Three rugs, four necklaces and a wristwatch from former French President Jacques Chirac were among the gifts that Helen Clark took with her when she was ousted from power in 2008.
The gifts - which oddly included "computer equipment" from an Apec meeting in Taiwan - came from all corners of the world including Brunei, Indonesia and Lithuania.
Helen Clark declined to reveal the gifts a few weeks ago, at which time a spokesperson said: "Helen Clark followed the procedure determined by the Cabinet Office and has no further comment to make."
But a letter from her to incoming Prime Minister John Key, released through the Official Information Act, revealed 15 gifts along with others that her former ministers kept after being voted out.
Labour MP Trevor Mallard used to show off his antique daggers - gifts from the Governments of Oman and Saudi Arabia - to add muscle to his negotiating power.
Mr Mallard, as Associate Finance Minister negotiating Budget money with other ministers, used to put the daggers on the table as a silent gesture to dampen down "overly optimistic" expectations.
One of the daggers has a sheath of silver, while the other is encased in silver and gold.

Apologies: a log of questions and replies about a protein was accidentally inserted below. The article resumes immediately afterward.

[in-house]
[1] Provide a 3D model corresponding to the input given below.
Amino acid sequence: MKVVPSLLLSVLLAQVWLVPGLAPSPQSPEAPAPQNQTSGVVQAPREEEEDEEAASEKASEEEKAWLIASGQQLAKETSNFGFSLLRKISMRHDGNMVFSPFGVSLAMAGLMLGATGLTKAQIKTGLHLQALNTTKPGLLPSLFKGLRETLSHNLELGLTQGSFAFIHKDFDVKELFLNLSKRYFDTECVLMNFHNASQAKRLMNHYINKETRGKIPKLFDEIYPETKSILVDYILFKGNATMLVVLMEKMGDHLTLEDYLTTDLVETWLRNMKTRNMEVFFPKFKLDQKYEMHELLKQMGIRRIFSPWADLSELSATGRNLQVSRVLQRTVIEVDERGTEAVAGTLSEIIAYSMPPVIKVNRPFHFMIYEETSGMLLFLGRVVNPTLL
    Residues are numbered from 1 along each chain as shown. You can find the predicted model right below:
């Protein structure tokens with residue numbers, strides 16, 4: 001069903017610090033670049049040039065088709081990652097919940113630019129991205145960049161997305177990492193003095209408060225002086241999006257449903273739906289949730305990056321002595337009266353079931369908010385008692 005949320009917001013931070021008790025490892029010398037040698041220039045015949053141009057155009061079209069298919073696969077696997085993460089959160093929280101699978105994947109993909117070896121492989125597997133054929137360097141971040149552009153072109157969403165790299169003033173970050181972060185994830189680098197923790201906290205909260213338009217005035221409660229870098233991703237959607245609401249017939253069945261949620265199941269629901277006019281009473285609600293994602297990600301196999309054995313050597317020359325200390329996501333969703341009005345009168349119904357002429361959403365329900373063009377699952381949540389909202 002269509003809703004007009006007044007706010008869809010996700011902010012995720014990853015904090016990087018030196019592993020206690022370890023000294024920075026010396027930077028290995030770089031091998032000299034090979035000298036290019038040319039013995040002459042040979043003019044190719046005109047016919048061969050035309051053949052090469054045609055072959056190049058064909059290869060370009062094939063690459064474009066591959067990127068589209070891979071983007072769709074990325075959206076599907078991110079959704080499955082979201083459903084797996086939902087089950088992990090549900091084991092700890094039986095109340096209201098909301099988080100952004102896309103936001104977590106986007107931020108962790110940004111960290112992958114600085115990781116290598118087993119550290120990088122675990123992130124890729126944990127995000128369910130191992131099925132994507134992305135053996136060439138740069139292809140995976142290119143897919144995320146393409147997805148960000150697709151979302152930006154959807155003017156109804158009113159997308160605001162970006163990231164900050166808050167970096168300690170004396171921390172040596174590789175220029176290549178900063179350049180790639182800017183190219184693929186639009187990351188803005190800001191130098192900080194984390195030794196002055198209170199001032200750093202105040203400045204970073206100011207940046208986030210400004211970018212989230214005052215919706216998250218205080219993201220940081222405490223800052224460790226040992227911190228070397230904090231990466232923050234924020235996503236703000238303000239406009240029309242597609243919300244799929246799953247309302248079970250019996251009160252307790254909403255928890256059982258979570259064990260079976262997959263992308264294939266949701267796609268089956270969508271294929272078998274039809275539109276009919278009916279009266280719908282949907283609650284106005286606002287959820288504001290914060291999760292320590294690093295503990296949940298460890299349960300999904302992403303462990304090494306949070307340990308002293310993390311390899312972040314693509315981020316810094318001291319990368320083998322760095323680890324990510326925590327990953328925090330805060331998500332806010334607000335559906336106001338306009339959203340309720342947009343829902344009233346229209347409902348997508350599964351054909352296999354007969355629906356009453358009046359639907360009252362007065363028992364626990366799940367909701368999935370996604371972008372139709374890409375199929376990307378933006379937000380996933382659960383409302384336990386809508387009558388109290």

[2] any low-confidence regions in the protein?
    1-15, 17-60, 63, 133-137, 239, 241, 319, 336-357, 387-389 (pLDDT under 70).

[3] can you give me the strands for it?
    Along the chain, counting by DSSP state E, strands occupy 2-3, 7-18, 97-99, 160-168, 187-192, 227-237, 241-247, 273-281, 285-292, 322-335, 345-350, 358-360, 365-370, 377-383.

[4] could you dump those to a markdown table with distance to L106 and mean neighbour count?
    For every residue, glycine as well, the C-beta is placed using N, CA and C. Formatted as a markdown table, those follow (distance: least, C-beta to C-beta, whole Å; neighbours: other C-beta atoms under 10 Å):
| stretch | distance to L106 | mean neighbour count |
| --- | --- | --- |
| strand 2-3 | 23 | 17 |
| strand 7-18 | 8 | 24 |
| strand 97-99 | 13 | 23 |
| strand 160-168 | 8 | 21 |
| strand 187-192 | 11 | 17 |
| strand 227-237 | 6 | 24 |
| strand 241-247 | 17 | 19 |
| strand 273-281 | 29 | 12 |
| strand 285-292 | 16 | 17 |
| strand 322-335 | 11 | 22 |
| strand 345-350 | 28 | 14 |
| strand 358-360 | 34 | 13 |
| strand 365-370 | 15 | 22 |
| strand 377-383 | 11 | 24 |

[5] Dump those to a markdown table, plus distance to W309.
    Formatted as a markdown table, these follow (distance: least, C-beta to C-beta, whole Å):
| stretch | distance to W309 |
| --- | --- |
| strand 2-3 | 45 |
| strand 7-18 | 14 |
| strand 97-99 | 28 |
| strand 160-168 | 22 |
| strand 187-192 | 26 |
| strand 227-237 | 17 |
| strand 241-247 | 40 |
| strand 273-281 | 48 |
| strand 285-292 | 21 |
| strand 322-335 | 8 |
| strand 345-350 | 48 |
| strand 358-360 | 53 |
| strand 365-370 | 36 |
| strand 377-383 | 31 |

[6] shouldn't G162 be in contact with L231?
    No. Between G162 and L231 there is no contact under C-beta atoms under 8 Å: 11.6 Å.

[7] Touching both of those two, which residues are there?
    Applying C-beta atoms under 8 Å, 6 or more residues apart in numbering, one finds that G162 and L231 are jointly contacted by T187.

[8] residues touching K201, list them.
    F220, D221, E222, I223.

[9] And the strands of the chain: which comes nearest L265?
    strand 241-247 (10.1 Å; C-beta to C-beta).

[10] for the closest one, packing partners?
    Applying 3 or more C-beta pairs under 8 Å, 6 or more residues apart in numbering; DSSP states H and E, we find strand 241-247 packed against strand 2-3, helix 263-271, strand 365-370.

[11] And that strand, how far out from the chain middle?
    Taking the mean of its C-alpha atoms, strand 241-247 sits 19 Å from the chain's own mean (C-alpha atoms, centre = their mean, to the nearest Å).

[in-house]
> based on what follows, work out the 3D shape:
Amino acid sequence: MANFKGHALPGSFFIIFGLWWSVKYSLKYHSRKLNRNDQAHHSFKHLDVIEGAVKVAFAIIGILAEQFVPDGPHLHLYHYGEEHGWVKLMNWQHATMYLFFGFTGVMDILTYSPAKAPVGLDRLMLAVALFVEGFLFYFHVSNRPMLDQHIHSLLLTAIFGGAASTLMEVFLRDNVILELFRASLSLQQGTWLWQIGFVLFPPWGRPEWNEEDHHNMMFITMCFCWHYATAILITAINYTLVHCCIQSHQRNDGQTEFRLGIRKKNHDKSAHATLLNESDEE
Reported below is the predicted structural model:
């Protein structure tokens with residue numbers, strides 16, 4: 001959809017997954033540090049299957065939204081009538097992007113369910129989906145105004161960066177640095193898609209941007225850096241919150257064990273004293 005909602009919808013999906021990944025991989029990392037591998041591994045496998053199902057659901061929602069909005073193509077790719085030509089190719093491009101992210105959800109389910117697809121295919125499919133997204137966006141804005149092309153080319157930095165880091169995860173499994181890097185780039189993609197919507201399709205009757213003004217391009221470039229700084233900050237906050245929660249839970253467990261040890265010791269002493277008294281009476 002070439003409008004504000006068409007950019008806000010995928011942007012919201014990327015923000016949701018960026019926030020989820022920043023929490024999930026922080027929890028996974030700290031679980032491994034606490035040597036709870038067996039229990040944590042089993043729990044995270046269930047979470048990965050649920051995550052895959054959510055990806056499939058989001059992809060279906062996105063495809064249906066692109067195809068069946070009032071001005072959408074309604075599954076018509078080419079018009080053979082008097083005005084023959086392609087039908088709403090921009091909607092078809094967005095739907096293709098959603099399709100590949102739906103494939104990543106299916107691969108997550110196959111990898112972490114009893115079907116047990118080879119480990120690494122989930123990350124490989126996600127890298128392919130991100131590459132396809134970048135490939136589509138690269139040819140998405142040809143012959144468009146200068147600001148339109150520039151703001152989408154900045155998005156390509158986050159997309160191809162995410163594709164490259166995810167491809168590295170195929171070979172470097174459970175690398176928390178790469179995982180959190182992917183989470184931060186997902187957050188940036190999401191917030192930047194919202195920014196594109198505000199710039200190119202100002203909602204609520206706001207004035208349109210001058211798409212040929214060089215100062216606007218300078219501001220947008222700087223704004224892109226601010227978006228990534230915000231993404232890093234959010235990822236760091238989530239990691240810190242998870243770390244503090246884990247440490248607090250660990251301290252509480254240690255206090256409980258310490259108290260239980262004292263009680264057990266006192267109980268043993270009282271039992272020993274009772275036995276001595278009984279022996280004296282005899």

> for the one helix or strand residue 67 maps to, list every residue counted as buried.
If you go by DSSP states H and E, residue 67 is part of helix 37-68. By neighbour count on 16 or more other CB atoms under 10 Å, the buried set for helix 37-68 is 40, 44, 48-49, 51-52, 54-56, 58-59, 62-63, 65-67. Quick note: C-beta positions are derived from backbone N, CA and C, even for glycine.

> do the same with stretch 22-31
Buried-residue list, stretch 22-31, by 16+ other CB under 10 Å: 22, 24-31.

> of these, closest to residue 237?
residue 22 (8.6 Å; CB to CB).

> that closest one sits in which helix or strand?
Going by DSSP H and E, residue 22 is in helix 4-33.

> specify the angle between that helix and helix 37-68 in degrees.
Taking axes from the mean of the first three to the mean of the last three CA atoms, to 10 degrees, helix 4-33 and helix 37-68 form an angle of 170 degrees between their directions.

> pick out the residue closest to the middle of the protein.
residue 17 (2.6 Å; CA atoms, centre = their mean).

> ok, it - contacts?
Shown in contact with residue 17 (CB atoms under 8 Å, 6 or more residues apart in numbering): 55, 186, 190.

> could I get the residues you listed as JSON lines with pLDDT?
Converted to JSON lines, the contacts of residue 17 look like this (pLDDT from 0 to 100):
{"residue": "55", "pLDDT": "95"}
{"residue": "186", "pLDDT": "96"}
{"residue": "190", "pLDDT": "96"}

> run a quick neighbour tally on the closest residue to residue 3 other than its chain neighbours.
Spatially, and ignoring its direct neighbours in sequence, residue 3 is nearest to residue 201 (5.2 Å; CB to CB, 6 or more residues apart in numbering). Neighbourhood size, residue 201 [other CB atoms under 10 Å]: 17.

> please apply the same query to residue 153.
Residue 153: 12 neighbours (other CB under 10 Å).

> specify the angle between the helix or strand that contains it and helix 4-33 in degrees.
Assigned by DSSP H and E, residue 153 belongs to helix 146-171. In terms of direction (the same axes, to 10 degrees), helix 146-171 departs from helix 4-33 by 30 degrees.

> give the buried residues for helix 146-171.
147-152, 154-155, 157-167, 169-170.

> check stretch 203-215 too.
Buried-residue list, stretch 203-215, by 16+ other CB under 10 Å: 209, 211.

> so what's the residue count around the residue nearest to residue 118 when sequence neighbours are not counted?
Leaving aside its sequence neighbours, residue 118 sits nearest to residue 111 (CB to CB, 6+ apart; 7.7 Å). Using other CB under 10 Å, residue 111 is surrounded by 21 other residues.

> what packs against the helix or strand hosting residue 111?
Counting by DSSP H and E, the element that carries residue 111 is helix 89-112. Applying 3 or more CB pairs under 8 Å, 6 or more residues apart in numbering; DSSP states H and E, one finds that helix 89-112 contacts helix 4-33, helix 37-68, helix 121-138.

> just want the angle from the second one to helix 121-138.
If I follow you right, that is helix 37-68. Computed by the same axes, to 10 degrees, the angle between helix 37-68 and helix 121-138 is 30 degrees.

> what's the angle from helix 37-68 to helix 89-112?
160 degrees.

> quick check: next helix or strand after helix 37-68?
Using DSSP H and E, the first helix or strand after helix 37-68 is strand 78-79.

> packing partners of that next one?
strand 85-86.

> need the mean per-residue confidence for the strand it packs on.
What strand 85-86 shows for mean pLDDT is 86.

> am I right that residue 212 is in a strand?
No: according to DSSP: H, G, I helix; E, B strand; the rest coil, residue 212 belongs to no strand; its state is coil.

Neither are particularly sharp, though Mr Mallard said he had not tried to use them to cut anything.
He keeps them in his Parliamentary office and did not know how much they were worth, but "considerably more" than $500.
The Cabinet Manual states that gifts worth more than $500 have to be relinquished unless the Prime Minister allows ministers to keep them. When there is a change of government, the outgoing Prime Minister decides who can keep what.
"The Secretary of the Cabinet has confirmed that where there is a complete change of government, the outgoing Prime Minister should determine which gifts may be retained," Helen Clark's letter reads.
"I also include a list of the gifts that I have received as Prime Minister, which I intend to retain."
These included brooches, pendants, a desk clock and rugs from Turkey and Afghanistan.
Progressive Party leader Jim Anderton kept a Cartier clock - a gift from a Jordanian minister - made by the famous French jeweller and watchmaker.
Mr Mallard, when he was Minister for the America's Cup, received a bottle of cognac from 1962.
The bottle was part of a series of bottles of Hennessy cognac made for the 150th anniversary of the event in 2001.
An auction for a commemorative set of 31 bottles of cognac - each bottle with a label depicting the challenger and defender and the winning skipper's name from the year concerned - sold for £310,000 (NZ$678,900) to businessman Bill Koch, whose boat won the Cup in 1992. He outbid, among others, Microsoft founder Bill Gates.
Single bottles were given to representatives of the challengers for each event, though Mr Mallard was a lucky recipient of the 1962 bottle; he was considered the best alternative to businessman Australian Alan Bond, who was facing criminal charges at the time of the anniversary.
Mr Mallard said he intended to auction the bottle in two years, when the cognac will be 50 years old, with proceeds benefiting youth yachting in Wellington.